Enzymes or biocatalysts are very specific in their reactions and there is a different enzyme for each part of a series of reactions like those occurring in the vegetable and animal life processes. The speci ficity of function of enzymes is often compared with the lock and key system, but actually their functioning is much more complex than what this simple analogy might suggest. Enzymes themselves are biodegradable and are converted into harmless substances in the efflu ent.

Bioscouring with Enzymes

A great deal of work has been carried out during the last 15 years to study the effect of different enzymes for removing the non-cellu losic constituents from cotton, linen and lignocelluloses in the paper industry and their effects on the properties of the substrates.

The most commercially successful enzyme in this respect is 'pecti nase' and some studies on it are reviewed below.

Pectinase on Cellulose: Pectin appears to act as a matrix or cement, that stabilizes the cuticle and primary wall of the fibers. Digestion of the pectin by the pectinase enzyme loosens the matrix and then the unbound waxes and proteins become emulsifiable in a hot water scouring. The treatment improves absorbency and also whiteness of the cotton.1, 2, 3

During the usual treatment time of about 30 minutes or so, about 30% of the pectin is digested, but that is enough to destabilize its structure and to release the non-cellulosic products for removal by subsequent emulsification. Comparison of sorption and dye uptake of the pectinase-treated and the conventional alkali scoured ones indi cates a slightly higher sorption of water by the former but there is no appreciable difference in the values of K/S.3

Use of Ultrasound in textiles

In order to improve efficiency and to reduce time of processing of the bioscouring and other enzyme induced procedures, simultaneous application of ultrasound has been suggested. Earlier work on use of enzymes and bioscouring and application of ultrasound in textile pro cessing is briefly reviewed below.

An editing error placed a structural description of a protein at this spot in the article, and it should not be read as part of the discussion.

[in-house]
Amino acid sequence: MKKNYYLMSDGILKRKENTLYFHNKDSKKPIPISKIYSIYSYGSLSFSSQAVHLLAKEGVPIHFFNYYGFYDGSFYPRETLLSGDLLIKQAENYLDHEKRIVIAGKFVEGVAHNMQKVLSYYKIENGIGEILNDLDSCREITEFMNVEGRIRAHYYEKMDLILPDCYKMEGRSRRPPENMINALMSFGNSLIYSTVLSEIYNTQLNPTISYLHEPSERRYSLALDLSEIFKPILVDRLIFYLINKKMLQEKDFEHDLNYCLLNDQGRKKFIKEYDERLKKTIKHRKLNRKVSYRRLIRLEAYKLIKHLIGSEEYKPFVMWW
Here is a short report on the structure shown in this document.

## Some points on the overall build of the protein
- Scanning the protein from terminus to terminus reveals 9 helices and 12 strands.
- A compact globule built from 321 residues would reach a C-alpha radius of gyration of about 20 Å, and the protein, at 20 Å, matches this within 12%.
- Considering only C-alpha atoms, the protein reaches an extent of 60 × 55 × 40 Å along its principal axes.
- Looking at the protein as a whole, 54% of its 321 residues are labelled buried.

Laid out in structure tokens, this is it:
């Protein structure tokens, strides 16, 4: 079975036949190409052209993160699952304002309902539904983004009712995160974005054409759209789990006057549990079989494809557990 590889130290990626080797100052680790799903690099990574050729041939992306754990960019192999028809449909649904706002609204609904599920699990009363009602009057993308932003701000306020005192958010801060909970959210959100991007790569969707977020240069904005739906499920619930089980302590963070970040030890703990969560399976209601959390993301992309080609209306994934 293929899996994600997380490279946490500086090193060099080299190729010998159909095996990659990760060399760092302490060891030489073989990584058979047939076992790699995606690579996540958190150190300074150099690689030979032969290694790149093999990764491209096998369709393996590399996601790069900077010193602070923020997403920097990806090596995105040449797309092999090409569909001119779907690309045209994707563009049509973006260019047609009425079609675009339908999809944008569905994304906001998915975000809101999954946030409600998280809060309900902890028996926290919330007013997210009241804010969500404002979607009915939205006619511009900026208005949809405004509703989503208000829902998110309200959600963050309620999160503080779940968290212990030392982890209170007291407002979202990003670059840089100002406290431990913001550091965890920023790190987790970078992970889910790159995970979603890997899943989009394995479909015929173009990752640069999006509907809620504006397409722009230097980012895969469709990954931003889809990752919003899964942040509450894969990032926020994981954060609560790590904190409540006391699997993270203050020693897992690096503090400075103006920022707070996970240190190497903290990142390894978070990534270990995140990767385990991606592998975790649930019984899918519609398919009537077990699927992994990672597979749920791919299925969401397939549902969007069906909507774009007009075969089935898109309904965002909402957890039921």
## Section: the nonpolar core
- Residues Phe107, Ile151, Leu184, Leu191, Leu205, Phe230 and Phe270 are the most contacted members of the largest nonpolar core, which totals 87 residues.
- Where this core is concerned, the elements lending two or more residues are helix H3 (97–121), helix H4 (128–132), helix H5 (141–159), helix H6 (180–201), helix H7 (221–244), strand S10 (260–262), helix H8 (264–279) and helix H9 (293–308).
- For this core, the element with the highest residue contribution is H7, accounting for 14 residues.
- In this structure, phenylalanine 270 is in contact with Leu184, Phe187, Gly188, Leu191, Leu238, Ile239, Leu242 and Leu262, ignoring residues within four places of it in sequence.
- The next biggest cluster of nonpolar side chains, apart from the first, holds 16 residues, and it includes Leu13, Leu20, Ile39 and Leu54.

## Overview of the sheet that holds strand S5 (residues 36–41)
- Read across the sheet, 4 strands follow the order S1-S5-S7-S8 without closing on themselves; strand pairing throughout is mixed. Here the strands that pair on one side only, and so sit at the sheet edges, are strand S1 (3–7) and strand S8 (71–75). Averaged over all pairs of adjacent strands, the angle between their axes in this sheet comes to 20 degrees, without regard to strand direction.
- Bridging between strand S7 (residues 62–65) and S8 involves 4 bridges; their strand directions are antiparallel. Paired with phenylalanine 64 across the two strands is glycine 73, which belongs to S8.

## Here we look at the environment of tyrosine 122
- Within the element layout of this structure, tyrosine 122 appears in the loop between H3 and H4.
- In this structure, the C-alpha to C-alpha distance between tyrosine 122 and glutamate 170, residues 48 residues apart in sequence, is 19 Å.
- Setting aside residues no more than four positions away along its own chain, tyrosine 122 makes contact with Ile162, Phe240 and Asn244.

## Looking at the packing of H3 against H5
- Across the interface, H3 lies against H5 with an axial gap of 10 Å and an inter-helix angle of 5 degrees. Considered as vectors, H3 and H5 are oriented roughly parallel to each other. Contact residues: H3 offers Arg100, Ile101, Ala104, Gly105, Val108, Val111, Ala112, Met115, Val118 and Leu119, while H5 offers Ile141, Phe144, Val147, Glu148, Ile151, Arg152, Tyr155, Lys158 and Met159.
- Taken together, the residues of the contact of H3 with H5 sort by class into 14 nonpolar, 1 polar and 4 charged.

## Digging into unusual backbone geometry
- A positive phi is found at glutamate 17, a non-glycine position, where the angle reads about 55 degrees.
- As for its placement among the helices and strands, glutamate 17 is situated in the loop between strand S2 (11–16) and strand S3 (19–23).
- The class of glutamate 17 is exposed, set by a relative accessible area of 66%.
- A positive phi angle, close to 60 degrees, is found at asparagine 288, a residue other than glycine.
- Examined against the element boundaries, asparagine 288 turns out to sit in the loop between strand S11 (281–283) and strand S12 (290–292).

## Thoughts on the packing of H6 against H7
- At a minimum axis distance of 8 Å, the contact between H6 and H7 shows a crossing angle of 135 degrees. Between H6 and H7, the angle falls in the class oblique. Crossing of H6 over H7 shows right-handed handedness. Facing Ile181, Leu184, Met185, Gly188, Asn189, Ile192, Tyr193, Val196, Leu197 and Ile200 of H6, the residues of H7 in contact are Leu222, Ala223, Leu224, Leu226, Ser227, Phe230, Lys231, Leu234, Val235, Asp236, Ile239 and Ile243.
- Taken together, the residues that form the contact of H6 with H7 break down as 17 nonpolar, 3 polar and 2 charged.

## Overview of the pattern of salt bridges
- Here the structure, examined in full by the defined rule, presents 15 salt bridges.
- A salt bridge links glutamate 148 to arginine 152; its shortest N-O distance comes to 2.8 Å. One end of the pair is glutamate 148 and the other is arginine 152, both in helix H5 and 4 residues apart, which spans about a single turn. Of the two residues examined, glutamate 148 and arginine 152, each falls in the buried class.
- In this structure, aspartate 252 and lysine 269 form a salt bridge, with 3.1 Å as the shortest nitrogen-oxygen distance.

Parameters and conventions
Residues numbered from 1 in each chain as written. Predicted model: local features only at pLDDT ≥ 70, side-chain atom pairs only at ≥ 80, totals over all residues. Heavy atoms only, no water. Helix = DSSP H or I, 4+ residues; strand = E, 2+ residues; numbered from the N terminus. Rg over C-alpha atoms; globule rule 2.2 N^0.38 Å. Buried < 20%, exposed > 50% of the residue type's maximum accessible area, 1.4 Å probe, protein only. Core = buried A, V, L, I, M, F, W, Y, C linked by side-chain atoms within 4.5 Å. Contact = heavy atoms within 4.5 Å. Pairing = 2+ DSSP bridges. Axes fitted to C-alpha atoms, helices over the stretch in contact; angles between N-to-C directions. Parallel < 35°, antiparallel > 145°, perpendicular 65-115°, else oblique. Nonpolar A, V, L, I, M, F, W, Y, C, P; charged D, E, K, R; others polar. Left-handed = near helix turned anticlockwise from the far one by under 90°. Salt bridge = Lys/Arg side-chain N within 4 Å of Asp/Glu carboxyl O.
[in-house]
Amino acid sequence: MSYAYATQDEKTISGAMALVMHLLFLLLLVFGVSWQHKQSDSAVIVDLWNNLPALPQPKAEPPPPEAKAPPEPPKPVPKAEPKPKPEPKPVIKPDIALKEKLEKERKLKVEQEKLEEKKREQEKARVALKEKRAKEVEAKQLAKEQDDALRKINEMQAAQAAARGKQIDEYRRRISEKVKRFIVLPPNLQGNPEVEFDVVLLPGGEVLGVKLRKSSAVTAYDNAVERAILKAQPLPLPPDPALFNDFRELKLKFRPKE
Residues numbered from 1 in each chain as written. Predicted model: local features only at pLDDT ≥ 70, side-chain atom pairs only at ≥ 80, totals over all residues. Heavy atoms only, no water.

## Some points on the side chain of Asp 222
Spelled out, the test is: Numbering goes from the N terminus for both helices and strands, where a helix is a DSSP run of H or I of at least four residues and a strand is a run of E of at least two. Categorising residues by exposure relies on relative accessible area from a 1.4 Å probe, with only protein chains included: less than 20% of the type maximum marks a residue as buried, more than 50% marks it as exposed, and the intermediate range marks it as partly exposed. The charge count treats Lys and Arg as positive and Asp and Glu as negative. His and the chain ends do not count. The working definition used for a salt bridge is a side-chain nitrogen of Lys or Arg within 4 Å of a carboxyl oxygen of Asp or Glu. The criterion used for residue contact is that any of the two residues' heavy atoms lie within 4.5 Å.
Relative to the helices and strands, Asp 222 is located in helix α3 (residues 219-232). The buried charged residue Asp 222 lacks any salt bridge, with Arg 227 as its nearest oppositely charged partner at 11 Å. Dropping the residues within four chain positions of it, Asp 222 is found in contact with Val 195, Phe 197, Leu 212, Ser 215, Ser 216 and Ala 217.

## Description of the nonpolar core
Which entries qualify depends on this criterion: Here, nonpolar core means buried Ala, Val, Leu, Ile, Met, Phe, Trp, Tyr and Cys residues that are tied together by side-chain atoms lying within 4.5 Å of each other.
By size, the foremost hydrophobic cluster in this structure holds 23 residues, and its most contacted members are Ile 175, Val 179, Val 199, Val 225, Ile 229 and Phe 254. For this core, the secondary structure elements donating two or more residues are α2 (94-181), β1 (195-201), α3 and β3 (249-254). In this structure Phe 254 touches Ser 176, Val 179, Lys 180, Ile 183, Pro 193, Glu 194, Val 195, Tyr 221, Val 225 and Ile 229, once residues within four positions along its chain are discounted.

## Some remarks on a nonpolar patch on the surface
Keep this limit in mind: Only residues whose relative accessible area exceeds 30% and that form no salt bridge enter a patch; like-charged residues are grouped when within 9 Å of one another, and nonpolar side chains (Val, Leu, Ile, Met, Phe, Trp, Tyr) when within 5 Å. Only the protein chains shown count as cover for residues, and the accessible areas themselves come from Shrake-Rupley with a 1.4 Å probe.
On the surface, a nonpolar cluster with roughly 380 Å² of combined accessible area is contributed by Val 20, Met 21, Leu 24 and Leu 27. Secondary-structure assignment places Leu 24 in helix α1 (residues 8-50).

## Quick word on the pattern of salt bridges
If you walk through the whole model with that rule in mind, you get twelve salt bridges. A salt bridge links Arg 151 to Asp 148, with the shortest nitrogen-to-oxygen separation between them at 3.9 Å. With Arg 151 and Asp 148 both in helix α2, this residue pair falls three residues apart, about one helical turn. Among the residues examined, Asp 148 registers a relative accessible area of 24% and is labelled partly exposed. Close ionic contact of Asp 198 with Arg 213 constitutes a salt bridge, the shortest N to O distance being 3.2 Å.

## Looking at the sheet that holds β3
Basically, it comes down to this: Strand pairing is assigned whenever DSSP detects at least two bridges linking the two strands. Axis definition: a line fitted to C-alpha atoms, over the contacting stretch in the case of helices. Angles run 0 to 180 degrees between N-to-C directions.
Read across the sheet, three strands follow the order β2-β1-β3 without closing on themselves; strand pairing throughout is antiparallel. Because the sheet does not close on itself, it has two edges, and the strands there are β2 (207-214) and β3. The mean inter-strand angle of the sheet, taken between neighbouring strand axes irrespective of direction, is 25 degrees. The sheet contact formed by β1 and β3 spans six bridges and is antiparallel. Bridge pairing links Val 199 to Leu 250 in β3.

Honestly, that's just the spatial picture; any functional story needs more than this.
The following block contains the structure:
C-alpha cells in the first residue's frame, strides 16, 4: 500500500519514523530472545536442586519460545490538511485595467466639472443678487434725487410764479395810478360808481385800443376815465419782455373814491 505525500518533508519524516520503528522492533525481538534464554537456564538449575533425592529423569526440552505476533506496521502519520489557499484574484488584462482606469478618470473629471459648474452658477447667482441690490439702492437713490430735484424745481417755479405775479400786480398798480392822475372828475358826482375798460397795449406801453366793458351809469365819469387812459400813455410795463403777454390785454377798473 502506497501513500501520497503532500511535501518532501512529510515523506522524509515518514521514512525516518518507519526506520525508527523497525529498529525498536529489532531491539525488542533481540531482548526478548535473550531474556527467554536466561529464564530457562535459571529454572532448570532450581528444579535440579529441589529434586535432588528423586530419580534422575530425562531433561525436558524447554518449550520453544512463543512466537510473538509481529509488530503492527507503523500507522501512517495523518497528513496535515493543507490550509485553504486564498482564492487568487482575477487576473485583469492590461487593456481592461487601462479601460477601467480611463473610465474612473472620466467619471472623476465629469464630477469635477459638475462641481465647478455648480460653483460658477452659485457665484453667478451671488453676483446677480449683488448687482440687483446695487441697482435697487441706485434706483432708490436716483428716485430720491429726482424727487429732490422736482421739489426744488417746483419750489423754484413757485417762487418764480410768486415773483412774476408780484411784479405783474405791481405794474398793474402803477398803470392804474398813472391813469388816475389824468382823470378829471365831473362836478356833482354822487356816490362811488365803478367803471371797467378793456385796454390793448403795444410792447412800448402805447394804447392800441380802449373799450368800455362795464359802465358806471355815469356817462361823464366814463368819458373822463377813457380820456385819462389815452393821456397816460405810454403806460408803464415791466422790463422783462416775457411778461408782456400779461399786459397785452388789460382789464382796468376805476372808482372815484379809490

Ultrasound Waves: Ultrasound is a cyclic sound pressure with a frequency greater than the upper limit of human hearing. The human hearing sound waves range between 16Hz to 16 KHz while the ultra sound waves range between 20 KHz to 500 MHz. Ultrasonic vibration travel in the form of a wave, similar to the way light travels. However, unlike the light waves that can travel in a vacuum, the ultrasound requires an elastic medium such as a liquid or a solid. The range of sound waves and their uses are briefly shown below.

Mechanism of ultrasonic energy: When a liquid, in which a gas is dissolved, is irradiated by the strong ultrasonic waves, many tiny bub bles appear. The bubbles repeatedly expand and contract according to the pressure oscillation of an ultrasonic wave, but some bubbles col lapse violently at the contraction phase of an ultrasonic wave. On col lapsing of the bubbles, energy is released and temperature and pressure around the bubbles increase to about 5000 K and 300 atmos pheres in the respective order.8

Effect of Ultrasound Waves on the dyeing systems: Following changes appear to take place when a dyeing system is exposed to the ultrasonic energy:9,10,13,14.

Increase in the swelling of fibers in water.

Increase in the diffusion coefficient of the dye molecules.

Increase in the fibre/dye partition coefficient.

Improvement in the movement of dye molecules to fibre surface.

Disintegration of aggregates of the dye particles into smaller units or in the molecular forms.